The unifying thread which initially attracted me to Hugo-Victor Solomon’s work is the honesty and candidness of his portraits.
Hugo, initially hailing from Seattle, Washington, now lives in Montreal, Canada where he produces affective photographs with a focus on pictures. To clarify, affect can be thought of as emotions or subjective experience.
Hugo began photography in 2016. He had actually a heavily documented youth with both moms and dads taking lots of images of Hugo and his brother or sisters. He has a “photographic memory”– in the sense that photographs function as significance and have a specific objective kept in them. Familial documentary images serve as a sort of repository for emotional energies. Or as the photo theorist Roland Barthes might put it, there is a particular punctum stored within these images.
His childhood developed an interest in documentary-style portraiture. When he eventually got his very first video camera, which was coincidentally his sis’s old cam, he might lastly articulate visual language in a way that his electronic camera phone at the time could not. He started taking a growing number of images.
I love taking pictures of my buddies … doing photos for other people.
Hugo mentions that he has a difficult time in social scenarios.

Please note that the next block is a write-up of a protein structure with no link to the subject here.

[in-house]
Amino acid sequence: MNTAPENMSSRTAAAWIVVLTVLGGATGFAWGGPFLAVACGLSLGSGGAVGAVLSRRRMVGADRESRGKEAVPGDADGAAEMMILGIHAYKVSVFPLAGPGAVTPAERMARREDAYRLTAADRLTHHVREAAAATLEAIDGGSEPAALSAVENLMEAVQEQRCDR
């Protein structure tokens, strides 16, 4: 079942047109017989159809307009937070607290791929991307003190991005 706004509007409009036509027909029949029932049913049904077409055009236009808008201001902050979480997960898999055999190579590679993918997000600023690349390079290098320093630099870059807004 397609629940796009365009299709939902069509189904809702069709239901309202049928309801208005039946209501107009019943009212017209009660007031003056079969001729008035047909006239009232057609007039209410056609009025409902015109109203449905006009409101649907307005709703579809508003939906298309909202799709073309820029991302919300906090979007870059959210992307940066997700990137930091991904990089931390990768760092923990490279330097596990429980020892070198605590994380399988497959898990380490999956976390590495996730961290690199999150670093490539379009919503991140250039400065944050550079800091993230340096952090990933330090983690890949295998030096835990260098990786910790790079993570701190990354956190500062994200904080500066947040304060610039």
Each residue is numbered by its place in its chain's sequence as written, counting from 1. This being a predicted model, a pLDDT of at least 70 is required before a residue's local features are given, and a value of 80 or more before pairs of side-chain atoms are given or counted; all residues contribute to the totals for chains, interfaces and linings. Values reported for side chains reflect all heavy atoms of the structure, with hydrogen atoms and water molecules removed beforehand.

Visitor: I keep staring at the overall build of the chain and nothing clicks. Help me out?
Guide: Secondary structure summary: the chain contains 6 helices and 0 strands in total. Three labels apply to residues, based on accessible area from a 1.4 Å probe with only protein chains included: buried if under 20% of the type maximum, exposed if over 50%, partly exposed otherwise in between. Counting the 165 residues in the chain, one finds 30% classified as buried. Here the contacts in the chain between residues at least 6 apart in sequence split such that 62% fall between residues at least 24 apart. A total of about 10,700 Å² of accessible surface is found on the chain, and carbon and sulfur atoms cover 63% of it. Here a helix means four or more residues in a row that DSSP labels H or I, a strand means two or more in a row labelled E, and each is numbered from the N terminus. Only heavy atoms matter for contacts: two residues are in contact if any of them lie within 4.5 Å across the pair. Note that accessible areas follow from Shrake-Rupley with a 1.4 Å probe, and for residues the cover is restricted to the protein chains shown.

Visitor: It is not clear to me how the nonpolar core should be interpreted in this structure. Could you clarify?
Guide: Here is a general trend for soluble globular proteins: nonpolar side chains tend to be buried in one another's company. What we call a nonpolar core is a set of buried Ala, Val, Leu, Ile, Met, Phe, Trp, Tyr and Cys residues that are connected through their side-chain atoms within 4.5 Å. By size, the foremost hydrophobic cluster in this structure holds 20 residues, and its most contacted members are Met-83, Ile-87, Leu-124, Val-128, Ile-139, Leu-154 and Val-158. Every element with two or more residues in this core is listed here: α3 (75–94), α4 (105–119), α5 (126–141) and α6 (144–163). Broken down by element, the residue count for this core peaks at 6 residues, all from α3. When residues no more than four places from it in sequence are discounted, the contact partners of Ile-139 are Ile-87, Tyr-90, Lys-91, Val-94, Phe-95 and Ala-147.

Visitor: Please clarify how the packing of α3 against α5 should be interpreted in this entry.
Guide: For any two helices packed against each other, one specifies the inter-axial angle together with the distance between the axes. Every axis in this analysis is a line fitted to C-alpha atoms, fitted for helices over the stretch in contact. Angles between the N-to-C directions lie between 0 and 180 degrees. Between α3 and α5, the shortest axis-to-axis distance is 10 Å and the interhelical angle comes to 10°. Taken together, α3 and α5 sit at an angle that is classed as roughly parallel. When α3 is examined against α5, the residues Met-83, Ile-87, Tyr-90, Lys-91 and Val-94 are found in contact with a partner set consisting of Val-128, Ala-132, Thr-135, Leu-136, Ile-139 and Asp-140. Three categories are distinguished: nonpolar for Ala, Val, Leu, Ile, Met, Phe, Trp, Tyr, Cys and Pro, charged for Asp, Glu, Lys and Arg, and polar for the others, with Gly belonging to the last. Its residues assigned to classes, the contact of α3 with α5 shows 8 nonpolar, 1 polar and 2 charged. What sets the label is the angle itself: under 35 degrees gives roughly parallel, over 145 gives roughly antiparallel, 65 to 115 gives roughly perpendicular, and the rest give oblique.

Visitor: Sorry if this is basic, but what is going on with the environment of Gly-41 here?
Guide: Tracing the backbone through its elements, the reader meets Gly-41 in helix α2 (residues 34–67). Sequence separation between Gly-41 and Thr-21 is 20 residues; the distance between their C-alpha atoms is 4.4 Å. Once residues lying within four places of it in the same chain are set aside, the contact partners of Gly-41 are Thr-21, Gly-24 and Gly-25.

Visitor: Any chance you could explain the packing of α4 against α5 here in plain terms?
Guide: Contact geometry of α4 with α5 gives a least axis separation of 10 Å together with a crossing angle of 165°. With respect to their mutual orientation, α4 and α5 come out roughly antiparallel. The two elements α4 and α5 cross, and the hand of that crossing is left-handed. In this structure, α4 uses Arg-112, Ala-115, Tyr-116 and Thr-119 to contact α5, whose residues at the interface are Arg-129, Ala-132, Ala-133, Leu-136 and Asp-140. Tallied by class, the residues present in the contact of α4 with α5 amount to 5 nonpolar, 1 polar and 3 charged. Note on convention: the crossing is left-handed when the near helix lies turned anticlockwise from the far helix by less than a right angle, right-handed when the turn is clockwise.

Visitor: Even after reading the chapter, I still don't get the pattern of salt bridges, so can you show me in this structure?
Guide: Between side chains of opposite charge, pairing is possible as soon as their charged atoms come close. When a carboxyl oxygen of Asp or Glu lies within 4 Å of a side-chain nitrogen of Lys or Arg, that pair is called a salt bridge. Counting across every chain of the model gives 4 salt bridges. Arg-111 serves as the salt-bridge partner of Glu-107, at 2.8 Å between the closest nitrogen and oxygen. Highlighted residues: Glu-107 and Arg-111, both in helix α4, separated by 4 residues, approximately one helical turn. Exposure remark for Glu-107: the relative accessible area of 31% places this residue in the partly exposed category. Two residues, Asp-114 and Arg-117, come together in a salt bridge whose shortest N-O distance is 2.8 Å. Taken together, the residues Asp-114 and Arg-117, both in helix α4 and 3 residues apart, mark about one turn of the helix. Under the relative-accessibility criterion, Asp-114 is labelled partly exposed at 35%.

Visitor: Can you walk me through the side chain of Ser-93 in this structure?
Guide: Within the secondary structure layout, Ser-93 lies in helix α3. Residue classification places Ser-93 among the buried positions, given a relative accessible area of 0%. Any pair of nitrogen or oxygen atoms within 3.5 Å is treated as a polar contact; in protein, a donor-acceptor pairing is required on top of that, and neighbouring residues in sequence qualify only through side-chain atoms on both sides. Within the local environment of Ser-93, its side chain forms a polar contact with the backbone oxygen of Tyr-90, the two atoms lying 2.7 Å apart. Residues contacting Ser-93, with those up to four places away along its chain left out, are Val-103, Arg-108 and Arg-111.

I’m too shy to contribute. I’m really neurodivergent. I very much battle in social situations. I experience autism-spectrum disorder, to name a few conditions. It manifests as severe social anxiety.
With an electronic camera, however, he is able to better connect to people. Through photography, he can contribute to social settings as well as much better understand others. He admits that he views and stares– always looking and searching for something.
Being both queer and neurodivergent makes his work both very queer and tender– there is a particular concentrate on the self and self-portraiture. All photography is a kind of self-portraiture: the most genuine images bring an element of the professional photographers’ essence and what they saw. To elaborate, he highlights that photographers who see designs as strictly bodies and professional photographers who see their own bodies as unimportant does not feel best to him. He feels that artists and designs and topics and muse are all interchangeable and everyone needs to have the ability to not restrict or segregate these elements of the self. Don’t label or presume yourself in the ‘wrong’ way. This is how creatives have run generally, but it shouldn’t be by doing this. It does not have to be by doing this.
I’ve constantly photographed in a way where I instruct the subjects I picture to move fluidly. I find beauty in the in-between micro-expressions that individuals have or that bit of affect that is there and then it’s gone.